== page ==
Dating apocalypse? What dating apocalypse?
Five months ago, one of our writers, Lucy, went on a date. It was a dinner date, at a real-life restaurant. It went well – so well that she and her ‘date’ will be moving in together in a couple of weeks.
It wasn’t a blind date exactly, although the pair had never met before, it was a Tinder date.
“We chatted for about two weeks [after we ‘swiped’] before we met up,” she says, “Mostly because we were both busy.”
“But when we were chatting we both knew that we had a connection, because we were already making each other laugh and finding lots of common ground.”
Lucy admits she’s had a little bit of trouble explaining how she met her partner to her grandparents but, for the most part, she’s pretty up front about it.
“Neither of us are backing down from the fact we met on Tinder — some people in their profiles write ‘happy to say we met in the supermarket’,” she says.
“Hell, no! I think it’s a great story! A Tinderella story. A Tinder surprise.”
A recent Vanity Fair article by Nancy Jo Sales lamented the ‘hit it and quit it’ culture surrounding hook-up apps such as Tinder and Happn, arguing that millennials are sealing their sexed-up, loveless fates as they swipe blindly towards the rapidly approaching ‘dating apocalypse’.
Sales evidenced her claims with a series of interviews, including with a group of wealthy Manhattan “fuckboys”; callous, 20-something womanisers who use their smartphones to bed women with no intention of forming relationships afterwards.
“When it’s so easy, when it’s so available to you and you can meet somebody and fuck them in 20 minutes, it’s very hard to contain yourself,” one tells her.
“Tinder is fast and easy, boom-boom-boom, swipe,” says another.
Gross, right? But these so-called fuckboys have always populated the dating arena. You could just as easily encounter one of them in a bar as on your smartphone- and on Tinder it’s actually pretty easy to get a sense of someone from their profile.
“I have a lot of silly photos so my profile is kind of like a filter. I would only be happy to talk to people when we have mutual friends and mutual interests,” says Kate, a 27-year-old nurse from Melbourne, who also met her partner on Tinder.
“If I had really good banter with someone, then I would go on a date with them,” she says.
“I think it’s a really easy way of finding people you have stuff in common with.”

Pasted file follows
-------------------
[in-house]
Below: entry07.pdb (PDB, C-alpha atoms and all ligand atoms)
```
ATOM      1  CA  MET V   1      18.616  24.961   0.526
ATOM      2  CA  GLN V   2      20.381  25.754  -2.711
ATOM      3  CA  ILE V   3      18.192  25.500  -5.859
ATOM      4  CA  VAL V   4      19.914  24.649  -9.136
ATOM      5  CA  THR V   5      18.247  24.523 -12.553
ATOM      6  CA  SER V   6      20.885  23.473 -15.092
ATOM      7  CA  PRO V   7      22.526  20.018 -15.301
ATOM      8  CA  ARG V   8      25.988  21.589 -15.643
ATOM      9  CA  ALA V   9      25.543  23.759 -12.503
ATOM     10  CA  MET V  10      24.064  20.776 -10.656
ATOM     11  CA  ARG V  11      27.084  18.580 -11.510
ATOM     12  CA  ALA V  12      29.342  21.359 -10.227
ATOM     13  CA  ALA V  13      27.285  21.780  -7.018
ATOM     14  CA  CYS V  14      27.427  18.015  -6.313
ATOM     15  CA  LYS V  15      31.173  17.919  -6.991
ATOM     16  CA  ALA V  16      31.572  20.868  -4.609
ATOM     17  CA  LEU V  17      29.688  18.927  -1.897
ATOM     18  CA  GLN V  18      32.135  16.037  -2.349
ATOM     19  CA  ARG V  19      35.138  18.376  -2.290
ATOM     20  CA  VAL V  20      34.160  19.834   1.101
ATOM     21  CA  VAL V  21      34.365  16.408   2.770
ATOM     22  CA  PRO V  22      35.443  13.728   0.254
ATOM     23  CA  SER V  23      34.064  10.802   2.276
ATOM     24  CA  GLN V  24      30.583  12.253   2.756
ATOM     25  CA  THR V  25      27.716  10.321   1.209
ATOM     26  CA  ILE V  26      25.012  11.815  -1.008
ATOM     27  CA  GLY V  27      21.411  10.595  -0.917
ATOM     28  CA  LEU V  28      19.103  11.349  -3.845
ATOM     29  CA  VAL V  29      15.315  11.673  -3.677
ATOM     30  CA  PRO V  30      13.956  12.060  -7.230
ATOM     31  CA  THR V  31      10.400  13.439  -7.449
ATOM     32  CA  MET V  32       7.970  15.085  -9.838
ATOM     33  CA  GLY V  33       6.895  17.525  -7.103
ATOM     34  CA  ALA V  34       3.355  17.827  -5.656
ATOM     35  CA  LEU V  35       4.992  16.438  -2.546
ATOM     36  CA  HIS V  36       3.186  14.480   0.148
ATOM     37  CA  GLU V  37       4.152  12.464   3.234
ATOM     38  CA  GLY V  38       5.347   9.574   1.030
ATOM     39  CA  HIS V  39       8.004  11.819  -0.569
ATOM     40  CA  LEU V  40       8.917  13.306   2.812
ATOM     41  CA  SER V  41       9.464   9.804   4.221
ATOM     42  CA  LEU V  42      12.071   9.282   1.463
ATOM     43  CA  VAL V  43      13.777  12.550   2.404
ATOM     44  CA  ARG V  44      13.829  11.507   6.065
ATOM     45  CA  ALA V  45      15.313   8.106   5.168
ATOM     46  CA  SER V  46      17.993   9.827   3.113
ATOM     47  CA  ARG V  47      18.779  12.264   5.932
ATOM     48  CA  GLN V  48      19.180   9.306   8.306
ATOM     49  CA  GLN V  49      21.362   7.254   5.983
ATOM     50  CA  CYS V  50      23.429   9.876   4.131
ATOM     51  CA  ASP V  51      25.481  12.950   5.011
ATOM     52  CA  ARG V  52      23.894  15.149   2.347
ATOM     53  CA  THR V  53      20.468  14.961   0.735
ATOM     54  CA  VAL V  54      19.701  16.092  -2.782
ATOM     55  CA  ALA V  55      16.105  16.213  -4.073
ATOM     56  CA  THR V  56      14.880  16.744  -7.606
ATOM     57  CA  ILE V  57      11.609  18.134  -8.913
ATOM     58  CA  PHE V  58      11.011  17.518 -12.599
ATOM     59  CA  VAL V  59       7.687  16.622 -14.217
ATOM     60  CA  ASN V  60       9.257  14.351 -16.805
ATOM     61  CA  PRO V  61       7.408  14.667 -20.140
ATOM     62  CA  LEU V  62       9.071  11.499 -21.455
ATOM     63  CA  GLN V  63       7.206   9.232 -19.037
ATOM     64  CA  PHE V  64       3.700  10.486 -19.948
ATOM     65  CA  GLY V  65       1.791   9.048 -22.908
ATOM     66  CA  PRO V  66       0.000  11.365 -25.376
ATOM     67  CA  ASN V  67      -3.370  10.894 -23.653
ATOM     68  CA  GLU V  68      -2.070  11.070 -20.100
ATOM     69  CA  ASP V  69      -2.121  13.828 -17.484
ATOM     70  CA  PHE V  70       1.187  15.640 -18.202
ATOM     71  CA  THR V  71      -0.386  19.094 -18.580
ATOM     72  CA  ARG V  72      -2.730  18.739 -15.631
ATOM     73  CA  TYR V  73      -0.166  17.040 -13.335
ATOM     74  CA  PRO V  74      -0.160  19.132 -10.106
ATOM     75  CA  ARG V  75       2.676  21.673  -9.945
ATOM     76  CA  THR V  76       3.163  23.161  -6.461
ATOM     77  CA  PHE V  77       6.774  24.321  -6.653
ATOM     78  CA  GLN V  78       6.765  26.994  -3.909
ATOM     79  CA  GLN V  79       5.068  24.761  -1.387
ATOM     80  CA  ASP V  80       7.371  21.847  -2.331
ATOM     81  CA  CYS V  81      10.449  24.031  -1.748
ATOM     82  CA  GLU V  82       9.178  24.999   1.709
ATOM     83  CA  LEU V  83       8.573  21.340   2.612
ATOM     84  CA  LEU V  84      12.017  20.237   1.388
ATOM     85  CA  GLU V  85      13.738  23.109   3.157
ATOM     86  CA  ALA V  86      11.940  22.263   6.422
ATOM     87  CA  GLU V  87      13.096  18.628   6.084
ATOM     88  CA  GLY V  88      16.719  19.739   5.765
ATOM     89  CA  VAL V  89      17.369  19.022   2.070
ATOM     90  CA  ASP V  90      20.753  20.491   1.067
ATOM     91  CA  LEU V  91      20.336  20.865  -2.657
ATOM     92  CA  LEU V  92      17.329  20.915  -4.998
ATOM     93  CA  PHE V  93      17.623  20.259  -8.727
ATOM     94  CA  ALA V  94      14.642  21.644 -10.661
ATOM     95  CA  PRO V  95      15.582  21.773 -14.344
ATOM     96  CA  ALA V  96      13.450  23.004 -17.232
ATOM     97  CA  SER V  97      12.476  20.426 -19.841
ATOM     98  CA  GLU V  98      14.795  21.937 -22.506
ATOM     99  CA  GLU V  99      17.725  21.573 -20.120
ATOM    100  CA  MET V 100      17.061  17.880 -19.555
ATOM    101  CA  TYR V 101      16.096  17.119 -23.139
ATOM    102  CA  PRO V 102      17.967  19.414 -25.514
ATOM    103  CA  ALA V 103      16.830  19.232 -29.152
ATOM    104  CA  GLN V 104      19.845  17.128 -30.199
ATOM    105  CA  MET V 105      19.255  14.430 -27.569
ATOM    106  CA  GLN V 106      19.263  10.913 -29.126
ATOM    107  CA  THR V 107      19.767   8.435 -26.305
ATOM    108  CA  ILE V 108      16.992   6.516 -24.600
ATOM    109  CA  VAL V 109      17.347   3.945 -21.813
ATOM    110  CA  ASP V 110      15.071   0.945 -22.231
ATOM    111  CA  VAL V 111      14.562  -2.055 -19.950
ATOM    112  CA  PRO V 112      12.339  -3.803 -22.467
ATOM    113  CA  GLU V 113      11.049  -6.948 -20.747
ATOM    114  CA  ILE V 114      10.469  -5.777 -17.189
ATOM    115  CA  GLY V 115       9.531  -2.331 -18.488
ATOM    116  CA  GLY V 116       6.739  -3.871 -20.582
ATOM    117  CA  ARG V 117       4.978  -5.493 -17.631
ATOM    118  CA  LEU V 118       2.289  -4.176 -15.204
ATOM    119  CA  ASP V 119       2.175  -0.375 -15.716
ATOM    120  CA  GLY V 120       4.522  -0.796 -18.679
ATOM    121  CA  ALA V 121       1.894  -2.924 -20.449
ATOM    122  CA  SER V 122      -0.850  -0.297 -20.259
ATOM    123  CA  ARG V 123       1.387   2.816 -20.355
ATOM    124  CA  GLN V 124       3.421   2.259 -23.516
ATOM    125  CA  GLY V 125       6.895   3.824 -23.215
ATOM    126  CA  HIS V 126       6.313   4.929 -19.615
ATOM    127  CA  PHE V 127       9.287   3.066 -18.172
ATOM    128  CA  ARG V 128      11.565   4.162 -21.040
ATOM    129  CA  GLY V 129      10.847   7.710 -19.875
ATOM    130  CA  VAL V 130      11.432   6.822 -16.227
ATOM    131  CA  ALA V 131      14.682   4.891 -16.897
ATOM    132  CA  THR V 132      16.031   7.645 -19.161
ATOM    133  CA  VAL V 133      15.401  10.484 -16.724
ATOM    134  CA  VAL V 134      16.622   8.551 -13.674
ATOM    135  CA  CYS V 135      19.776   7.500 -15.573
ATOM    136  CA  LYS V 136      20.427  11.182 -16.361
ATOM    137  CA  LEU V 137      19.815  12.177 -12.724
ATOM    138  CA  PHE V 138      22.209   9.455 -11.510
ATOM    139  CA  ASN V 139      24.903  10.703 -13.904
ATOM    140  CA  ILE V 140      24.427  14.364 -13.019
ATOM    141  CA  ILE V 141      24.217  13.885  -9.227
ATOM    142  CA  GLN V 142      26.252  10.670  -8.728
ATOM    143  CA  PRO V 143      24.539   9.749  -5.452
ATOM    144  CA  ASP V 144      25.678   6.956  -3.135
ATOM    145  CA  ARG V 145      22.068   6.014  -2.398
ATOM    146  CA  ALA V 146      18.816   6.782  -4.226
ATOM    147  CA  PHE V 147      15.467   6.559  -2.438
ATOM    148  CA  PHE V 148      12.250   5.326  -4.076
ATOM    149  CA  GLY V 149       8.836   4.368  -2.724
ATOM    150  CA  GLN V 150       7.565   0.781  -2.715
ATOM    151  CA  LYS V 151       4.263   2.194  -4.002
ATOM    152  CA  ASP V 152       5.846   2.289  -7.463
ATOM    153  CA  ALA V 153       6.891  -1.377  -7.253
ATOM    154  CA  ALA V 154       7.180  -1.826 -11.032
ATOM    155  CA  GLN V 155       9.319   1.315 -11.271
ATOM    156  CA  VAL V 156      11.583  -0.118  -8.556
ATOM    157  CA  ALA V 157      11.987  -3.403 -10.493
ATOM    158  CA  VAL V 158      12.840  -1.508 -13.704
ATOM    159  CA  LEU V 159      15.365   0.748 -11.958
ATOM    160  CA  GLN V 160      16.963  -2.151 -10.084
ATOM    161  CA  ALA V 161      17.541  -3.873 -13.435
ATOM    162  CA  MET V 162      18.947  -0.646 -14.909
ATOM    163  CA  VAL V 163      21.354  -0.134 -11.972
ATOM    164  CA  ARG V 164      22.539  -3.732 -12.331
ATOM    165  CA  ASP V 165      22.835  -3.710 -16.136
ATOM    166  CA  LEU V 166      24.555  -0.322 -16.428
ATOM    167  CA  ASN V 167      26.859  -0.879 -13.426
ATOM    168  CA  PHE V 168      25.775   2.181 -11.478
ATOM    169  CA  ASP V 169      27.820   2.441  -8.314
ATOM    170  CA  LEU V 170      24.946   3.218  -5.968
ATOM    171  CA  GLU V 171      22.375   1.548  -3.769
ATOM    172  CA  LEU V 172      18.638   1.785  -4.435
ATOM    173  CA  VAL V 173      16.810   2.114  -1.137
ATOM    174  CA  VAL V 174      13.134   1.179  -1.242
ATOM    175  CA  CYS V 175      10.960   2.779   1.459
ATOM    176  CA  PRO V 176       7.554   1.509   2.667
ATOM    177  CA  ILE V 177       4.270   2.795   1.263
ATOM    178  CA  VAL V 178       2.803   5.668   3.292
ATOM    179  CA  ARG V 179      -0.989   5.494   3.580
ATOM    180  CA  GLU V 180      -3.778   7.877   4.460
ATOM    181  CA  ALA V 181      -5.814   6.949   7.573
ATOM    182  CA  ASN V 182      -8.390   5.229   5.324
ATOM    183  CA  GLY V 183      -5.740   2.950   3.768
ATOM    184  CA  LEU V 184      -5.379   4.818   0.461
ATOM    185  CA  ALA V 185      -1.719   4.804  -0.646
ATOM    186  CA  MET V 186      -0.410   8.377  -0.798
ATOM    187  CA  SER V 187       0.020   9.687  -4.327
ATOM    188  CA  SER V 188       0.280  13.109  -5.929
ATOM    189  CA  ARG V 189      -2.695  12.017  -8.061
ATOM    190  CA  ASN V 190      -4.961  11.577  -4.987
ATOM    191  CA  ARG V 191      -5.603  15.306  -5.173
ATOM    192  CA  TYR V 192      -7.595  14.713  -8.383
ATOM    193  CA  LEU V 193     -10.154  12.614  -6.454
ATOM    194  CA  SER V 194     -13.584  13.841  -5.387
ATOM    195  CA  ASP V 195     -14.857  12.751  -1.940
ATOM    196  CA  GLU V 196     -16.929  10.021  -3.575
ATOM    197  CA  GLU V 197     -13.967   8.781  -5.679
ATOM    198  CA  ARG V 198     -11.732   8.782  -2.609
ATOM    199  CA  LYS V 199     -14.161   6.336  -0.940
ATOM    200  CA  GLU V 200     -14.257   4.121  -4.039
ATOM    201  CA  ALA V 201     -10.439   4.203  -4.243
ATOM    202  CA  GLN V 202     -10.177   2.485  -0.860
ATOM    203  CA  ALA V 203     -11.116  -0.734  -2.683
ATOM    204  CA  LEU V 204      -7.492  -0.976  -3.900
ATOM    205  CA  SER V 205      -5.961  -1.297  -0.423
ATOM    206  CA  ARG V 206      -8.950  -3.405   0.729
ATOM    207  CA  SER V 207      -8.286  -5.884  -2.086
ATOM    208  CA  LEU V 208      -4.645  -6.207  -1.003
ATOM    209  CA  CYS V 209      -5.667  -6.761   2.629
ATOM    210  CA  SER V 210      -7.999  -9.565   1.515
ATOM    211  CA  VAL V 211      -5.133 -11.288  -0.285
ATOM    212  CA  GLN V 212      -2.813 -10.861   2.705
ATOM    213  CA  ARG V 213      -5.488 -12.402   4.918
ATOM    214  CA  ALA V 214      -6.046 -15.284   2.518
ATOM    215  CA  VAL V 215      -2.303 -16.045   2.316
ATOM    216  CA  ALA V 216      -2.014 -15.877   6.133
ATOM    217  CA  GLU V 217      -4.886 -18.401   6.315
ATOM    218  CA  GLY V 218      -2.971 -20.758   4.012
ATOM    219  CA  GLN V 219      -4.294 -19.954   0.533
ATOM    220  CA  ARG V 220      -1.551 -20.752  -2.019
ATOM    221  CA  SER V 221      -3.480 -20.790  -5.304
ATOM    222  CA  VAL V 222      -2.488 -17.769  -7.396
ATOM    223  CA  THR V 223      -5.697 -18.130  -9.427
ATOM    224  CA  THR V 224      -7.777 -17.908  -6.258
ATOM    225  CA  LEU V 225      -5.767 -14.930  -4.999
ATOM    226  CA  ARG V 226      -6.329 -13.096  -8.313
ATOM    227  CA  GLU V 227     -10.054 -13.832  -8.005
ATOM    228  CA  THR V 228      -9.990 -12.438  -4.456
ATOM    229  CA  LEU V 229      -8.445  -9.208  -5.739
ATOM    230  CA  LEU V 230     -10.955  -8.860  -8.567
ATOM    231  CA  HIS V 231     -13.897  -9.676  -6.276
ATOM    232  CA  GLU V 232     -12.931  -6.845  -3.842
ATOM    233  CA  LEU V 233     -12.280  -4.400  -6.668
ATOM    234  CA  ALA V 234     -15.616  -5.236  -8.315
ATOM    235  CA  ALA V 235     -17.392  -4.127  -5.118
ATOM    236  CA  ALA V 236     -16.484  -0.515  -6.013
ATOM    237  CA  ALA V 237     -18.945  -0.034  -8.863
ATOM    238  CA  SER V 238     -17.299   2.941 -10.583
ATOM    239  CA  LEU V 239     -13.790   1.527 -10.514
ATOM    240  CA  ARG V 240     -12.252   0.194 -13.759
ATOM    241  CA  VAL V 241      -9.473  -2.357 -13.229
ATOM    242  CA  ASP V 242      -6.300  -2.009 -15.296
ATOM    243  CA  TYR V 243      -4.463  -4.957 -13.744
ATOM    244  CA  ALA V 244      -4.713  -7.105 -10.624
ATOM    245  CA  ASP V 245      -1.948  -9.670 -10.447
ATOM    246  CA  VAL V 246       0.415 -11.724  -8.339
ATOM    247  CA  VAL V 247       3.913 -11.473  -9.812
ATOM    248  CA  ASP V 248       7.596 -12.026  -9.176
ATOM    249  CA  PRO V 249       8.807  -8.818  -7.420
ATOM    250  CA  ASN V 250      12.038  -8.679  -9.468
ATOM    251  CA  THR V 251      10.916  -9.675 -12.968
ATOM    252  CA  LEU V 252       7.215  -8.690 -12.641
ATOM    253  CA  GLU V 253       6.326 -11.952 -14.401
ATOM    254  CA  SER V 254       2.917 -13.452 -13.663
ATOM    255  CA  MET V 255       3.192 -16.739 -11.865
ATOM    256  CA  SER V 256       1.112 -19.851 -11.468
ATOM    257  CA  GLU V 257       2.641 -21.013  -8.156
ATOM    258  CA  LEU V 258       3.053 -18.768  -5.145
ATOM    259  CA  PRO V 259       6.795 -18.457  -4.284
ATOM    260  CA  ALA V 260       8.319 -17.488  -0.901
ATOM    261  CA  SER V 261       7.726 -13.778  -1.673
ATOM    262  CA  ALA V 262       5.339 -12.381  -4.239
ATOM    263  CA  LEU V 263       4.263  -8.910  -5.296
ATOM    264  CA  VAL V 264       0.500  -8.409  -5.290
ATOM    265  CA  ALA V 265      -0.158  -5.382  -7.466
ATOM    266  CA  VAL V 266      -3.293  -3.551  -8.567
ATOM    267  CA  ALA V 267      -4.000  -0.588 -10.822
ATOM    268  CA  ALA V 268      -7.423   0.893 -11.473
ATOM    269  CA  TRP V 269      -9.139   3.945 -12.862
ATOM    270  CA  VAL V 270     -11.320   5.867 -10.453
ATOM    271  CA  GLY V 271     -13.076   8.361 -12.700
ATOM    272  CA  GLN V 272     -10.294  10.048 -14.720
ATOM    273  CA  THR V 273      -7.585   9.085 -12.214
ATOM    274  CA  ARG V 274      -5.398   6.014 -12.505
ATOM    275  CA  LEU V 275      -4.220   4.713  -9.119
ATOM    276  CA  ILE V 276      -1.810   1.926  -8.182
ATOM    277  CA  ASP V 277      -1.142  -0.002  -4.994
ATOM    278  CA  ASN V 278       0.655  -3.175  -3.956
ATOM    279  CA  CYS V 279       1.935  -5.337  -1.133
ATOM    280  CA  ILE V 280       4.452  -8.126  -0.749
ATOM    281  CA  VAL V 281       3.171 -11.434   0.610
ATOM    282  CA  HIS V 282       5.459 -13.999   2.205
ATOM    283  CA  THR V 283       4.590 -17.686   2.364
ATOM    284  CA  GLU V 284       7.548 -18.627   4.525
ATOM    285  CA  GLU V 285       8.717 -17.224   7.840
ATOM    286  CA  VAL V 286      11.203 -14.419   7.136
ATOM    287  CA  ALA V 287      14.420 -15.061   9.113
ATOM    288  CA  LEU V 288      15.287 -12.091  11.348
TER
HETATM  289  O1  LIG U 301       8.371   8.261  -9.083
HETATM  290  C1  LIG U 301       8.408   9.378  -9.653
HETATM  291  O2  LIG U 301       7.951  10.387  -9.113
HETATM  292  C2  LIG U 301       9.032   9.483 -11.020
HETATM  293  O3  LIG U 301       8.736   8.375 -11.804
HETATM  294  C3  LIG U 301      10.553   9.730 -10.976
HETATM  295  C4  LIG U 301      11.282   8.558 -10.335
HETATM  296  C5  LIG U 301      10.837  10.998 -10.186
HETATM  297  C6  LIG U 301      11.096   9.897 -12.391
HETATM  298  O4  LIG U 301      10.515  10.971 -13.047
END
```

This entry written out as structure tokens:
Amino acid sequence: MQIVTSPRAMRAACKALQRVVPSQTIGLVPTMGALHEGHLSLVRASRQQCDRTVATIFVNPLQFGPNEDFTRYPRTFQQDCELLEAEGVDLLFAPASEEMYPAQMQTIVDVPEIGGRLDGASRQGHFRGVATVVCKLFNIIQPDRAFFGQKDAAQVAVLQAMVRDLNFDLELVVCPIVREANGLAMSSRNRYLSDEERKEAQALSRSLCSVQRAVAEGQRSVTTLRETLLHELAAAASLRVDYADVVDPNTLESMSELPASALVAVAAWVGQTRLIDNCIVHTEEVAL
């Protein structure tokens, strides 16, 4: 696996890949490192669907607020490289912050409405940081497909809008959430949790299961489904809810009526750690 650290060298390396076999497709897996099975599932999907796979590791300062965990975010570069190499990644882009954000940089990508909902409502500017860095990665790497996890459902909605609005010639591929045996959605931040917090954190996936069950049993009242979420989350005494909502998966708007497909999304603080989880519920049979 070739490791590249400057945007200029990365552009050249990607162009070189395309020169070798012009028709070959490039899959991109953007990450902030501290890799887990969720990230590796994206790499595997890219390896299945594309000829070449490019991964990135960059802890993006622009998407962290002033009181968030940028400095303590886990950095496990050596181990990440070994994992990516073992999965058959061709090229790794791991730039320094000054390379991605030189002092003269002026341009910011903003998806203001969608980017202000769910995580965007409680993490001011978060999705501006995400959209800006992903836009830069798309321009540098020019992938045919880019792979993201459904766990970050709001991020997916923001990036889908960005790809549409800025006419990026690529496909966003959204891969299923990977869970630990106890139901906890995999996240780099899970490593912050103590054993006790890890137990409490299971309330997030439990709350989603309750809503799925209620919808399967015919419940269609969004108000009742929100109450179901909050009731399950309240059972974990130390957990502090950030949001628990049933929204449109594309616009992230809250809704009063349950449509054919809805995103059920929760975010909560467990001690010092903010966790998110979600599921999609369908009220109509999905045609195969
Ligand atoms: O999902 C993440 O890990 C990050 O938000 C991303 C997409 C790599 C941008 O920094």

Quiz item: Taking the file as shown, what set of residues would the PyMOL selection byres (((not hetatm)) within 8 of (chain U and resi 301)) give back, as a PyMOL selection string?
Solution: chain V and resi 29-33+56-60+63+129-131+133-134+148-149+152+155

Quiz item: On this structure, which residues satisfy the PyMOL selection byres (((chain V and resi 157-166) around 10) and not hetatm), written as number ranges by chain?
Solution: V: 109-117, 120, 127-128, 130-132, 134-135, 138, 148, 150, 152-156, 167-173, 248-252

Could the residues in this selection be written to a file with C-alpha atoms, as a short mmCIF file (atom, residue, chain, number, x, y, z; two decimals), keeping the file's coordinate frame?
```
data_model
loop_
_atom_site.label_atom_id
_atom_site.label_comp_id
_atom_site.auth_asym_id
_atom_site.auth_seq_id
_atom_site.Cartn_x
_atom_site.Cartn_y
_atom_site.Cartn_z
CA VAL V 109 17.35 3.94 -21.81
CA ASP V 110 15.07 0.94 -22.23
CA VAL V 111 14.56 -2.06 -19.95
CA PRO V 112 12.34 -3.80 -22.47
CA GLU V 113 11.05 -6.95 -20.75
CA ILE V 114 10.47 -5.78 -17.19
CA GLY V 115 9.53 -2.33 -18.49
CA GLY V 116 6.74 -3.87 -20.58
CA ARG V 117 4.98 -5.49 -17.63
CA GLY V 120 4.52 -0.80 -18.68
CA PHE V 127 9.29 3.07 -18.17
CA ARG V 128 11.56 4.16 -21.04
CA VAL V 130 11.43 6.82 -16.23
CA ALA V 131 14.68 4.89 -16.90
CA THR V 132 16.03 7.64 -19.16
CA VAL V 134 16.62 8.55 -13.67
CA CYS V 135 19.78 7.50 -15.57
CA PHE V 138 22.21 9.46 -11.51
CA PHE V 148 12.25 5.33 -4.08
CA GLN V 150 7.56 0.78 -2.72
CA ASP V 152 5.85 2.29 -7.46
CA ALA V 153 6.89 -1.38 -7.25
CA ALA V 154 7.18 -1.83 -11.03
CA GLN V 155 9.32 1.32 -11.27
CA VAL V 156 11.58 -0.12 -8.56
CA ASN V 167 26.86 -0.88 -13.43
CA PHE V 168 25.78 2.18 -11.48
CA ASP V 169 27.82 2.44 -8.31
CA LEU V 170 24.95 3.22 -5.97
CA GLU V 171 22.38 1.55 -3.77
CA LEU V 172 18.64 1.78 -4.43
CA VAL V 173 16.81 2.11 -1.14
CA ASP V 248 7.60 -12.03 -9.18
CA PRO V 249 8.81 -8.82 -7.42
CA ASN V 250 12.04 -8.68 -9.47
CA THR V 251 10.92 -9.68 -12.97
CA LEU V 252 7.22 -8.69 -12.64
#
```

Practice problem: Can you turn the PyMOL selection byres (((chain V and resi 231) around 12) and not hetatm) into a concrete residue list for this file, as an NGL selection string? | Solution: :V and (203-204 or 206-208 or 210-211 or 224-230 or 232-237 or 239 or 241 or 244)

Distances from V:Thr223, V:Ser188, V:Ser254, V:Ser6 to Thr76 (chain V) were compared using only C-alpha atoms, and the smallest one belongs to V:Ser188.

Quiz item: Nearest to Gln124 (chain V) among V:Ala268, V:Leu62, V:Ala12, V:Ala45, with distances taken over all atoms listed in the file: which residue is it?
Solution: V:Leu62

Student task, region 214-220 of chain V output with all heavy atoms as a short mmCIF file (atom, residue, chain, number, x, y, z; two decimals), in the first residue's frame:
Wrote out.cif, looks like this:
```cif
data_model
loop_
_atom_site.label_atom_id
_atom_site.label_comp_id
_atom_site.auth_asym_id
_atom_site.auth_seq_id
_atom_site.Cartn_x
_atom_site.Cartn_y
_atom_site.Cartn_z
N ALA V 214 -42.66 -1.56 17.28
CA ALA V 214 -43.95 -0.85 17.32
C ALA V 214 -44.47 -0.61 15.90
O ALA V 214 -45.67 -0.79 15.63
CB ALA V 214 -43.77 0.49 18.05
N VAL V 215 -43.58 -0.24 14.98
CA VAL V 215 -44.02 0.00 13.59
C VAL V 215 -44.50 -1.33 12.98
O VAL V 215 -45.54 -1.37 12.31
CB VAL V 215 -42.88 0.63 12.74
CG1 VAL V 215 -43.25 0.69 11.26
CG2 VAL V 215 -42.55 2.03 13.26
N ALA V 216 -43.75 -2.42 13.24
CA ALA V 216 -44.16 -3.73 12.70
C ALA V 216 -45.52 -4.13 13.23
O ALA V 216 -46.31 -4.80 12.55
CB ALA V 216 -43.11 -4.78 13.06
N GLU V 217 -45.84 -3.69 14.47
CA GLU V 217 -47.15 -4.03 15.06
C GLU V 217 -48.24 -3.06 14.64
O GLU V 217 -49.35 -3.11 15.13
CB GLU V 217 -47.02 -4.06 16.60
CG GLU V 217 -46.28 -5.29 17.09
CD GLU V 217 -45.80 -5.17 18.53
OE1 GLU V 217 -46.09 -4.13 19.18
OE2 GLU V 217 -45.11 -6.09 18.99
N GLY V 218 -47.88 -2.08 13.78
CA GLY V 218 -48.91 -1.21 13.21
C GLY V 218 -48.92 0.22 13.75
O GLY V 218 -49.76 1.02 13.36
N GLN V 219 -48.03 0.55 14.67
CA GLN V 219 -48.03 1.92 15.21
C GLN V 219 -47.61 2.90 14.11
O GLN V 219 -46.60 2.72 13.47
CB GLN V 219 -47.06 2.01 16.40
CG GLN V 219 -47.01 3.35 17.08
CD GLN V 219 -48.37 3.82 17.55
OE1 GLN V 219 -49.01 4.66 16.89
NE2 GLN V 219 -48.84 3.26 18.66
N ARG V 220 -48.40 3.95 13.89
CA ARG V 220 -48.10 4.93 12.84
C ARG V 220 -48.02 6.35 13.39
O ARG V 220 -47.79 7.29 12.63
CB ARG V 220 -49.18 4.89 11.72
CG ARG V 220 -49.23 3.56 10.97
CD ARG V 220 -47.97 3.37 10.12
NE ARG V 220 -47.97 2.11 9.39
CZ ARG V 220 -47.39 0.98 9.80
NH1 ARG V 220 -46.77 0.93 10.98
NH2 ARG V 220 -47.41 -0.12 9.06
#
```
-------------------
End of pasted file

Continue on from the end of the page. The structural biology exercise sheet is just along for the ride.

Kate first met up with her now-boyfriend after both attending the same concert in Melbourne (it was a Drake concert, for the record).
“When he came up [on Tinder] we’d both liked all these weird pages on Facebook and it was just an easy way to find him,” she says.
“There could be a single person five kilometres from you, who likes all the same stuff as you, but if it wasn’t for Tinder you wouldn’t find them.”
Also defying Sales’ stereotype are Anika and Hamish, a Melbourne-based couple in their twenties who met via Tinder more than two years ago.
Anika was an accidental early adopter of the app — her university friends downloaded it to her phone as a prank.
“I’m super glad it happened,” she says, “best prank that ever did happen to me.”
After a mutual right-swipe Anika and Hamish chatted for about three months (first on Tinder, then via text message) before meeting in the real world.
“We had wine and cheese in my backyard and smoked way too many ciggies,” she says of their first date — ahh a true millennial romance.
Anika had already been on several dates before meeting Hamish.
“Everyone kept saying there weren’t expecting to meet so many great people,” she says.
“There wasn’t ever any pressure to present myself in a certain way. I would just go and have fun.”
Melbourne University’s Dr Lauren Roswarne, who is currently writing a book called Intimacy on the Internet, says that every method of finding a partner has a series of unknowns.
“While we have long feared — and stigmatised — people who met on the Internet, such people are no more creepy or dangerous than people who met in bars; the anonymity of the Internet, however, along with technology more generally has long scared us,” she told Mamamia.
“Technology might be designed for one function but in practice get used completely differently: hook-up apps are a good example; they were designed for setting up location-based hook-ups but have come to be used by some people to find a partner.”
Exactly. Tinder may well have been created as a tool for finding casual sex, but it has evolved to be much more than that. Many men and women now use the app as a starting point for relationships, some, already in relationships, use it to bring an additional party into their bedrooms.
It is not just for heterosexual people nor is it just for people looking for romance. I know many people who have used it to find new friends in their area, some just use it to build their confidence or give their flirting skills a work out.
So, what I’m saying is, that perhaps rather than a ‘dating apocalypse’, we’re just in the midst of a dating evolution.
“I guess people are still a bit surprised when we tell them we met on Tinder, because we were complete strangers, but for both of us, it still has a sense of ‘meant to be’ about it,” Lucy says.
“If I hadn’t met James* on Tinder, I might not have met him at all… everything is fate, right? WHAT IF YOU WERE SUPPOSED TO DOWNLOAD TINDER?”
*Not his real name.
Dr Lauren Rosewarne (@LaurenRosewarne) is a Senior Lecturer in the School of Social and Political Sciences at the University of Melbourne, Australia. She currently teaches in the areas of political science and gender studies and writes, comments and speaks on a wide variety of topics including gender, sexuality, public policy, social media and pop culture. She is also the author of forthcoming book Intimacy on the Internet.
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